The 30-year long deflation in Japan
Last year, I went to Germany, China, US, India, Thailand, Vietnam, the Philippines, Australia, New Zealand, Singapore, and Taiwan. Such many business trips overseas help me see Japan more clearly. It’s like you can see things better by looking from a distance. One of the biggest discoveries I recently had about Japan is “the price of things is comparably cheaper.” Let me show you the evidence. Japan is the third biggest country in GDP but ranked 23rd in the World Big Mac Price Ranking (Jan 2019). MacDonald’s Japan might make bigger efforts, but it’s true that we have many other choices for lunch only for 5 dollars here in Japan.
Japanese people get too used to no price rise
The huge bubble burst in 1991, and the Japanese economy completely collapsed. The era after the bubble burst was once called “Lost two decades” but now becomes “three decades”. No worries. I don’t mean to detail the causes of the long-lasting recession. It must be boring. Instead, let’s just focus on people’s mentality. I’ll share one of the reasons why the price of things becomes cheaper in Japan. The bubble burst was so huge that it took much time to recover (still halfway though). The chart above is Consumer Price Index (CPI) from 1980 to 2019. You can see the Japan’s CPI levels off from 1991. Can you imagine there’s a country of no rise in price for 30 years? Here we are! Sadly enough, we get used to such a condition. I think this mentality would be the main reason why this recession lasts long.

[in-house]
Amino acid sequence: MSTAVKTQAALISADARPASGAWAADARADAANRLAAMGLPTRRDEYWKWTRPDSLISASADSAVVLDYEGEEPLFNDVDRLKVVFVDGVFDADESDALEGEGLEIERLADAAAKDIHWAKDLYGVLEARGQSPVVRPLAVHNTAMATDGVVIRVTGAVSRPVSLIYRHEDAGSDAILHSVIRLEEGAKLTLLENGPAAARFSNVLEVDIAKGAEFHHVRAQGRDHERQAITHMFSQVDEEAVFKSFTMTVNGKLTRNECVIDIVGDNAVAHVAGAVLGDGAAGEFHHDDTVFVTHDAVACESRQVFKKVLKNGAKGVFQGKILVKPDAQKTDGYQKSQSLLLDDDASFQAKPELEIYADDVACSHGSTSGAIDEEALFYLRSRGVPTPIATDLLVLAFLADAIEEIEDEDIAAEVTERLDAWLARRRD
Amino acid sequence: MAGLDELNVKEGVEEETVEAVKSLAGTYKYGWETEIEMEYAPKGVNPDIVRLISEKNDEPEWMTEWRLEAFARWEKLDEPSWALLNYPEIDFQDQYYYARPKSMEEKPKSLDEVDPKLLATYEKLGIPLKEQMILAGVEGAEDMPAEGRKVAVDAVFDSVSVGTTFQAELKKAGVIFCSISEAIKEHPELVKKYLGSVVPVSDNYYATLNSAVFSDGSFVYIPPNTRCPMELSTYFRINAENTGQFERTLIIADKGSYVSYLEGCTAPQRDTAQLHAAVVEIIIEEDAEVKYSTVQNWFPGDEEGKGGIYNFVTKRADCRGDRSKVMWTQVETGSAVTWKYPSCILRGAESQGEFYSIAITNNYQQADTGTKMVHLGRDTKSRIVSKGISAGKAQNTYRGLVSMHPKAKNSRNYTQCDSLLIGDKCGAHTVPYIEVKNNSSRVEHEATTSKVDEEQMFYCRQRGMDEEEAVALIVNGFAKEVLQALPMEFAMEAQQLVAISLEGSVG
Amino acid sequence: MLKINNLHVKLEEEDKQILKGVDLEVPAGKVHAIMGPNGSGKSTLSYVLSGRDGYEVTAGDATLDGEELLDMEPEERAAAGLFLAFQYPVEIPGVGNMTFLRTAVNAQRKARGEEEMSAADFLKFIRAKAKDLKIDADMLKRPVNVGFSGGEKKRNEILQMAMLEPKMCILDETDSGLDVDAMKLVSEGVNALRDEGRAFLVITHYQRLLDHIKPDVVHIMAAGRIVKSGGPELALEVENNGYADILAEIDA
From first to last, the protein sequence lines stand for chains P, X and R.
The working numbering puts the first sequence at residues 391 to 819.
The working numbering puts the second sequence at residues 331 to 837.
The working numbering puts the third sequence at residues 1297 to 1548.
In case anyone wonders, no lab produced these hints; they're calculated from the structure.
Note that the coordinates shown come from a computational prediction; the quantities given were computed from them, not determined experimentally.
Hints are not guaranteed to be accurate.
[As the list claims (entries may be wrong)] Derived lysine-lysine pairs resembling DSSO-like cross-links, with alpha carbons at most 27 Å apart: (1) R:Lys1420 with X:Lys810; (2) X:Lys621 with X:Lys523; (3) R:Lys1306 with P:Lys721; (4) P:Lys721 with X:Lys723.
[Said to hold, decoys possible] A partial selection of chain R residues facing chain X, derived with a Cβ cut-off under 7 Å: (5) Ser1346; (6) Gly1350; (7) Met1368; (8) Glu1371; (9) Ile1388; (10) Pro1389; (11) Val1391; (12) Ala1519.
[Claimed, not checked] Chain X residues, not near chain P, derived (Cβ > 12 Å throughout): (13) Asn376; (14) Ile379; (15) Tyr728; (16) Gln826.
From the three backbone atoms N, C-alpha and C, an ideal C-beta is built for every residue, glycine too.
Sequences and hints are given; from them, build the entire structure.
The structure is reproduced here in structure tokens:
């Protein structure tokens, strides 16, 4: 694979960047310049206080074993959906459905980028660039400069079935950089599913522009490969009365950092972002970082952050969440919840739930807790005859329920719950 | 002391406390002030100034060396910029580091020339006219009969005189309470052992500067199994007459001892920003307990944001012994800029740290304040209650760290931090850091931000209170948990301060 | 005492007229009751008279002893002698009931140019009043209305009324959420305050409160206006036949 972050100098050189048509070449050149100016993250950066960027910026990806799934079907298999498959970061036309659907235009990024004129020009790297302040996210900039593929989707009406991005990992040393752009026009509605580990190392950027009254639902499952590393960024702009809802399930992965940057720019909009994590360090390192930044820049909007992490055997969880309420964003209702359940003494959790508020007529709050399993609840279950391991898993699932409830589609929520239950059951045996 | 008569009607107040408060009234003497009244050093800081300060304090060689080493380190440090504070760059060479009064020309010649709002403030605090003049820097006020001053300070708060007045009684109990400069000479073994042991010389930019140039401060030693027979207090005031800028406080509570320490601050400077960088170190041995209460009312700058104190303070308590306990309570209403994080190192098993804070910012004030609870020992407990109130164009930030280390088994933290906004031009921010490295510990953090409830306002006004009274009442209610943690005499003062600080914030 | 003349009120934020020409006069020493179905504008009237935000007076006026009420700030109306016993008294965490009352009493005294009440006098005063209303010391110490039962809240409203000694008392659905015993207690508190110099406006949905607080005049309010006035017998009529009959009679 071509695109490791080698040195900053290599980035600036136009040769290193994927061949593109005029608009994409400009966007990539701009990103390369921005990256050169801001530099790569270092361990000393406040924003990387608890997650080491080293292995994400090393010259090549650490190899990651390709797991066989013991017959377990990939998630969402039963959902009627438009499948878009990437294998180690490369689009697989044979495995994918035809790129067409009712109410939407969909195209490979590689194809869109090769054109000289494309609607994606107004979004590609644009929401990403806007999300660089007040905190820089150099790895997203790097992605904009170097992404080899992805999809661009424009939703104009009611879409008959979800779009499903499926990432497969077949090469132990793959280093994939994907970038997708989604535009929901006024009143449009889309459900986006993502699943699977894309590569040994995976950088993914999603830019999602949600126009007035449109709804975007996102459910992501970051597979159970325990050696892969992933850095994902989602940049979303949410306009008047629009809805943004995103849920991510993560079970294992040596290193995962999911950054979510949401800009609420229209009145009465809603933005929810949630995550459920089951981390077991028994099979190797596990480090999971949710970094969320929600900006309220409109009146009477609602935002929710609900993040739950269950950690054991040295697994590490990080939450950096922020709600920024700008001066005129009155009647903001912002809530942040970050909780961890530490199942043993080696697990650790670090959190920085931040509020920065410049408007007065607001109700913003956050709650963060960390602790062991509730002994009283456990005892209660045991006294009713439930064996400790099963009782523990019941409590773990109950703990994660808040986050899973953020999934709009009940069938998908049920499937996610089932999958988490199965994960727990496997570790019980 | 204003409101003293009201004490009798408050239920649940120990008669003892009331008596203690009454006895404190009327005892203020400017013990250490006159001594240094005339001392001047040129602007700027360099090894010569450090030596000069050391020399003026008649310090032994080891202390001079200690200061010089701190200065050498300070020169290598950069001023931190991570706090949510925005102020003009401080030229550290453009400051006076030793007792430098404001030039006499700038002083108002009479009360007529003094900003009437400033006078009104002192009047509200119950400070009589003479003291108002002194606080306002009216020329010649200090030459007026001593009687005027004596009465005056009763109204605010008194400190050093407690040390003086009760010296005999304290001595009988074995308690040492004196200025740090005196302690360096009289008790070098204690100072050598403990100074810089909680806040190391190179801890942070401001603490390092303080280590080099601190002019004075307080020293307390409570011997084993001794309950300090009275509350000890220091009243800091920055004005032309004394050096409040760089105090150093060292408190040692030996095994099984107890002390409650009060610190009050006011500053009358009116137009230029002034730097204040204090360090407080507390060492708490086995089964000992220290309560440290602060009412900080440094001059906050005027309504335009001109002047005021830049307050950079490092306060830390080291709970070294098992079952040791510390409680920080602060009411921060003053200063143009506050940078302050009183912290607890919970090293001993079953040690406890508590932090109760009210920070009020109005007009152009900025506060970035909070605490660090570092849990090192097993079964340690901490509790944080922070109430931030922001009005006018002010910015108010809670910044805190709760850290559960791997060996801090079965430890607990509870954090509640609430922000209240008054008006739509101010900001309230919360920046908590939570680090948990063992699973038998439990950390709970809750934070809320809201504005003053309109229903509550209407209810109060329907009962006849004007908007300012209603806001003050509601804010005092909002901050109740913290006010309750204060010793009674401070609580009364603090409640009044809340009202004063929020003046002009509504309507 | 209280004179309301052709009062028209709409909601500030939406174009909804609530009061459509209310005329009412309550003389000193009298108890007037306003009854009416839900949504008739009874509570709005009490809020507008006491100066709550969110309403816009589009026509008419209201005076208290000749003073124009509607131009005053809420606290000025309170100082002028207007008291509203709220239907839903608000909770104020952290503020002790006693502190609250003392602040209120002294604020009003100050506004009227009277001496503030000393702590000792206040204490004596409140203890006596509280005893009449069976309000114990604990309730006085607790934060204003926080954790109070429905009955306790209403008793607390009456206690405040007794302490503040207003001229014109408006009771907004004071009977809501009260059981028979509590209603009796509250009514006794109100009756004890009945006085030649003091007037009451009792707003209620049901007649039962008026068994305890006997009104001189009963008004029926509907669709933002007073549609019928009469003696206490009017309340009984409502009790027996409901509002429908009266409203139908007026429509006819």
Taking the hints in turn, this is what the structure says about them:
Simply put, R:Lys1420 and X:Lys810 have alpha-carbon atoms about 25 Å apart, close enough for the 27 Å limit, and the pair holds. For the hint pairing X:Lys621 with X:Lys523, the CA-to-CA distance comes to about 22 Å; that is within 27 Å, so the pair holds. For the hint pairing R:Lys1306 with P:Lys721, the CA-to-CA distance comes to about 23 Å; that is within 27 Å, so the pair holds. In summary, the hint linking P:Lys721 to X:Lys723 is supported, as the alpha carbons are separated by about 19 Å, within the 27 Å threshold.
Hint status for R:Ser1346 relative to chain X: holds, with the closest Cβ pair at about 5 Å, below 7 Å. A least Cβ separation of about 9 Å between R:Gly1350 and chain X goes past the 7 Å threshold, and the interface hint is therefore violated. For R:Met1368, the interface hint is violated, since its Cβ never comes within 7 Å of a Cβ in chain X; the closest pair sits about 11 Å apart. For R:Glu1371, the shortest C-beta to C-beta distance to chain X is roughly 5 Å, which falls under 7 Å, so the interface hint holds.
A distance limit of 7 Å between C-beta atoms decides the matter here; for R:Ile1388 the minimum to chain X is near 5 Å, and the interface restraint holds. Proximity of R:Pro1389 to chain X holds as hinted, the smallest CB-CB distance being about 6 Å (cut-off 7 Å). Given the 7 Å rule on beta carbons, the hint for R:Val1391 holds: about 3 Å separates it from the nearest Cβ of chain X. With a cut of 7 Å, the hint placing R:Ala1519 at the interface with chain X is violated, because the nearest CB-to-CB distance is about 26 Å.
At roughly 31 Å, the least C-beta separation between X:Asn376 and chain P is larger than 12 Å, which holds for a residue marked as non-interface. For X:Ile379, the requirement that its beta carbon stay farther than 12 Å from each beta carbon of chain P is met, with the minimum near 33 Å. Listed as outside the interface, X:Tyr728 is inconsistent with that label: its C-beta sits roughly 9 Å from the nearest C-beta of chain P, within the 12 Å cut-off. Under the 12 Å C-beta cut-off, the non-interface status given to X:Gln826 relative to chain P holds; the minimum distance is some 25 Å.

Consumers become too sensitive on price increase. Producers keep salary low to avoid price increase, accordingly. In other words, most people consider price increase as evil in Japan, while overseas markets take it for granted in the long run. Some people may still regard Japan as a big economic power in the world, but in reality, it’s a country where people live humbly with 5-dollar lunch.
“Made in Japan” is good and cheap
Once Japanese makers dominated the world markets with their price and quality competitiveness. Now, more price-competitive entries from developing countries are driving us out. In addition, the long and severe domestic competitions force most of us to withdraw from the market. Remaining survivors are companies of real value where people continue to work diligently even at lower wages. Japanese products were thought to be “good but expensive” in the past but nowadays have changed to “good and cheap”. There’s no reason not to buy Japan (our products) now!